The stories she tells about us are getting more entertaining. Once, she lost my brother, age 3 or so, in Central Park. Another time she offered him PB&J or caviar for lunch. He was about 4. He went for the caviar. I said, no wonder we aren't mainstream. As a baby, I ditched the house key in another park, so the nanny had to go to the super's office to so we could get into the apartment.

What else happened when my mom was raising us? At Schraff's, circa 1964, I refused to wear a napkin tucked into my chin unless my mother and her friend did the same. They complied. Amazing what power I possessed as a 3-year-old. Then there was the time I tried to drown my brother in the wading pool, a story my mother repeats time and again, as if eventually I will remember the incident. I also don't remember pushing his pram into traffic, but it's another of mom's greatest hits.

Onto the high chair: my brother and "A" came to dinner at my house last night, with the baby. I had invited them in part because my mother has become the take-out queen, armed with menus and her VISA card; no one has seen her apply heat to food since the Southerners appeared. I thought they might like one of my rare home-cooked meals, not to mention a meal without my mom (something I was also looking forward to).

They said they thought they would feed Kayanna in her all-purpose baby seat/stroller seat/car seat, until I said, do you want a high chair for her? Next-door, my neighbor has a grandchild about 2 years older than Kayanna, so I called. In less than 5 minutes we had procured the high chair.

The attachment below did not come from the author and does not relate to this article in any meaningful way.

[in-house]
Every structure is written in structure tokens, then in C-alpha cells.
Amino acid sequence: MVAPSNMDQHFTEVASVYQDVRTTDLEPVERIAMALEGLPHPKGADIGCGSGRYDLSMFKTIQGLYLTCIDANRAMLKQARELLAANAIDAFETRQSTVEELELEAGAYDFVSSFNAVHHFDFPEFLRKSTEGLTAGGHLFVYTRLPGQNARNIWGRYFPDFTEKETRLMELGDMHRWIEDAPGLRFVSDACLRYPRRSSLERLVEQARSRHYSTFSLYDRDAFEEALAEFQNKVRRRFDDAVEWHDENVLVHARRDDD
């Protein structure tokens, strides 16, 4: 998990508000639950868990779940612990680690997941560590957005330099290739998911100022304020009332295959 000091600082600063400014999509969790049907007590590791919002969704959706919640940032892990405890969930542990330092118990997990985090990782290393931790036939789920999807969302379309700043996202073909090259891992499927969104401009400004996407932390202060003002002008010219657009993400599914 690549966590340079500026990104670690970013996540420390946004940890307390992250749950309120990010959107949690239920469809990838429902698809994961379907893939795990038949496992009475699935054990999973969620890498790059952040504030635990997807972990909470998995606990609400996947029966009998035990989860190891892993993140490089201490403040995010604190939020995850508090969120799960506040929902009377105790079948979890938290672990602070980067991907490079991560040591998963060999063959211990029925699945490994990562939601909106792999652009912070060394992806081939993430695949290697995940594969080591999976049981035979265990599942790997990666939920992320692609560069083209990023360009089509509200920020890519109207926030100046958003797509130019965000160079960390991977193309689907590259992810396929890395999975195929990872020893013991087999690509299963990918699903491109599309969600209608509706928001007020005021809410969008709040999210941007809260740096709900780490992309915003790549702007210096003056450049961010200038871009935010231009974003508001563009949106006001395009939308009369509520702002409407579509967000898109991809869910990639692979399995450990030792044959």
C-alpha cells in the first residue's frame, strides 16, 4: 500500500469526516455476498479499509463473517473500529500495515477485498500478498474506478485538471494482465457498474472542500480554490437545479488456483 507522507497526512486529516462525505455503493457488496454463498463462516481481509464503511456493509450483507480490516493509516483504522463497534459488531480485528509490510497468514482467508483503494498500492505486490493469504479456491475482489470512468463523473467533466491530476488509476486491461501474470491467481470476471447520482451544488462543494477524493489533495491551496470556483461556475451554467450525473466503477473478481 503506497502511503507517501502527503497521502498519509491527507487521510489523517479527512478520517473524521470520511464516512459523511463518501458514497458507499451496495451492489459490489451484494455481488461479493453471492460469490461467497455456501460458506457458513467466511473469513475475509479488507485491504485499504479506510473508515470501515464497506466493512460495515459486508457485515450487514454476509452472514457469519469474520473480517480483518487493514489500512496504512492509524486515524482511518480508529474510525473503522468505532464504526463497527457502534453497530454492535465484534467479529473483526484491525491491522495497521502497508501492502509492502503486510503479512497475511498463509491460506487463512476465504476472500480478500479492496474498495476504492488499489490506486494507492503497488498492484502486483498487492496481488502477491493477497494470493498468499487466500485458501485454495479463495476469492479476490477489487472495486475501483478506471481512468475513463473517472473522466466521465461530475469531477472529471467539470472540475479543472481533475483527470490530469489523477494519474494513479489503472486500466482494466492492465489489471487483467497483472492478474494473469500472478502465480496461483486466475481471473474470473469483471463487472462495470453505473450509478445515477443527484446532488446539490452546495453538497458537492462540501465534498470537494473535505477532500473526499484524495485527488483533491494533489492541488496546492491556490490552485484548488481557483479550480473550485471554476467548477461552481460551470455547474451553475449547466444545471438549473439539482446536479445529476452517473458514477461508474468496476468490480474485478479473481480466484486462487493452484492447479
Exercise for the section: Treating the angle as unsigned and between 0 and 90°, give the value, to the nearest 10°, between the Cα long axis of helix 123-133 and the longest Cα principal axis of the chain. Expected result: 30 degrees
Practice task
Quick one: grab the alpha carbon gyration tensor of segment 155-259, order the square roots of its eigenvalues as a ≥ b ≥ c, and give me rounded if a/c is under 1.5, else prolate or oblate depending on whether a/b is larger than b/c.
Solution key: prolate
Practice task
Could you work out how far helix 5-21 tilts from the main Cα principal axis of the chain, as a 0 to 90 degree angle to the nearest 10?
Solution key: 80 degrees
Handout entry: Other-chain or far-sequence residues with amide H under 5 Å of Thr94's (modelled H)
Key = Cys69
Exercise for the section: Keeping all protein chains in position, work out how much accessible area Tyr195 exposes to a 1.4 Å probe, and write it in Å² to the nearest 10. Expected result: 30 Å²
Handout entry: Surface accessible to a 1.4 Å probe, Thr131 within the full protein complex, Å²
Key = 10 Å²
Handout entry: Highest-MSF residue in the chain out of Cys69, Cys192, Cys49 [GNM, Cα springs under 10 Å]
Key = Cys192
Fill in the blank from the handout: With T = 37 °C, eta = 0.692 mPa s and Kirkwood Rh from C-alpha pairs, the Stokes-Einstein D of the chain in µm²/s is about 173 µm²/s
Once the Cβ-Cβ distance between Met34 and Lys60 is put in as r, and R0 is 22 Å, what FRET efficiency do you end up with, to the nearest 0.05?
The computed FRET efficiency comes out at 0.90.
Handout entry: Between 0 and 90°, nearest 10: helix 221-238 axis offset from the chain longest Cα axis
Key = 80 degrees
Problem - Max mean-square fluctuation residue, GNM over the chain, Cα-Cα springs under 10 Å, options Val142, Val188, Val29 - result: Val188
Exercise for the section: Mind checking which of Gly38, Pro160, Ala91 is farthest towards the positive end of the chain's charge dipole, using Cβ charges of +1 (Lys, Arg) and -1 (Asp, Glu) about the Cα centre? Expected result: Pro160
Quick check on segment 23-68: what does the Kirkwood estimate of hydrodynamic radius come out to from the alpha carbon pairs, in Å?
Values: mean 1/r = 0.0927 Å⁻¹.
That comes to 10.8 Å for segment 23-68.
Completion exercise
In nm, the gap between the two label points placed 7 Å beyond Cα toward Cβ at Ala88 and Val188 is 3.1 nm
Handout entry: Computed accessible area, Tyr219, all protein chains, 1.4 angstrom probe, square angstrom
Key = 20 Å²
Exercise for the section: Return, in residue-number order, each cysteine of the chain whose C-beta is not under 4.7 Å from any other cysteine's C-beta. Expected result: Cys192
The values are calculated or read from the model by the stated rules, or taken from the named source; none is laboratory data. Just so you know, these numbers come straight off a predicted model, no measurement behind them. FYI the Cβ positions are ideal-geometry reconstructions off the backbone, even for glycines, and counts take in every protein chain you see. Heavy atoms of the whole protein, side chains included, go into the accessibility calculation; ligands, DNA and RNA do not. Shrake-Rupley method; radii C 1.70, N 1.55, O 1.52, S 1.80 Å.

Now it sits, pulled in as close to the dining room table as my grown-up chairs. Kayanna and her parents have returned to my mother's, leaving me with an empty chair that says "your niece ate here."

I hope she comes back for more, soon.

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Blogger The Misanthrope said...

Those are great stories. I wish I would have thought about the pushing pram into traffic idea. You'll just have to get your own special high chair for niece. I'm sure she'll not want to share such a personal dinning accouterment that some other tot has soiled.

12:28 PM  
Blogger the only daughter said...

Mom tells the story of how I bawled like...well, a baby, every time Mahalia Jackson appeared on the tv screen.

I don't get the chance to spend much time with my niece and nephew though they are relatively close, the times we get are indeed precious and treasured.

I too hope your niece returns sooner rather later.

4:32 PM  
Blogger scout said...

I so appreciate my friends who are willing to procreate so that I can enjoy the cuteness of their children without ever having to change a diaper or stand blinking and bewildered beside a crying infant who demands some kind of intervention from me in order to stop.

I missed the childhood of my own niece, who spent her first 13 or so years in Belgium and Iceland (military baby), but happily, my straight friends are now having the children they failed to produce in their 30s. (Oddly, most of my lesbian friends have grown children they produced in their "heterosexual" 20s.)

2:59 PM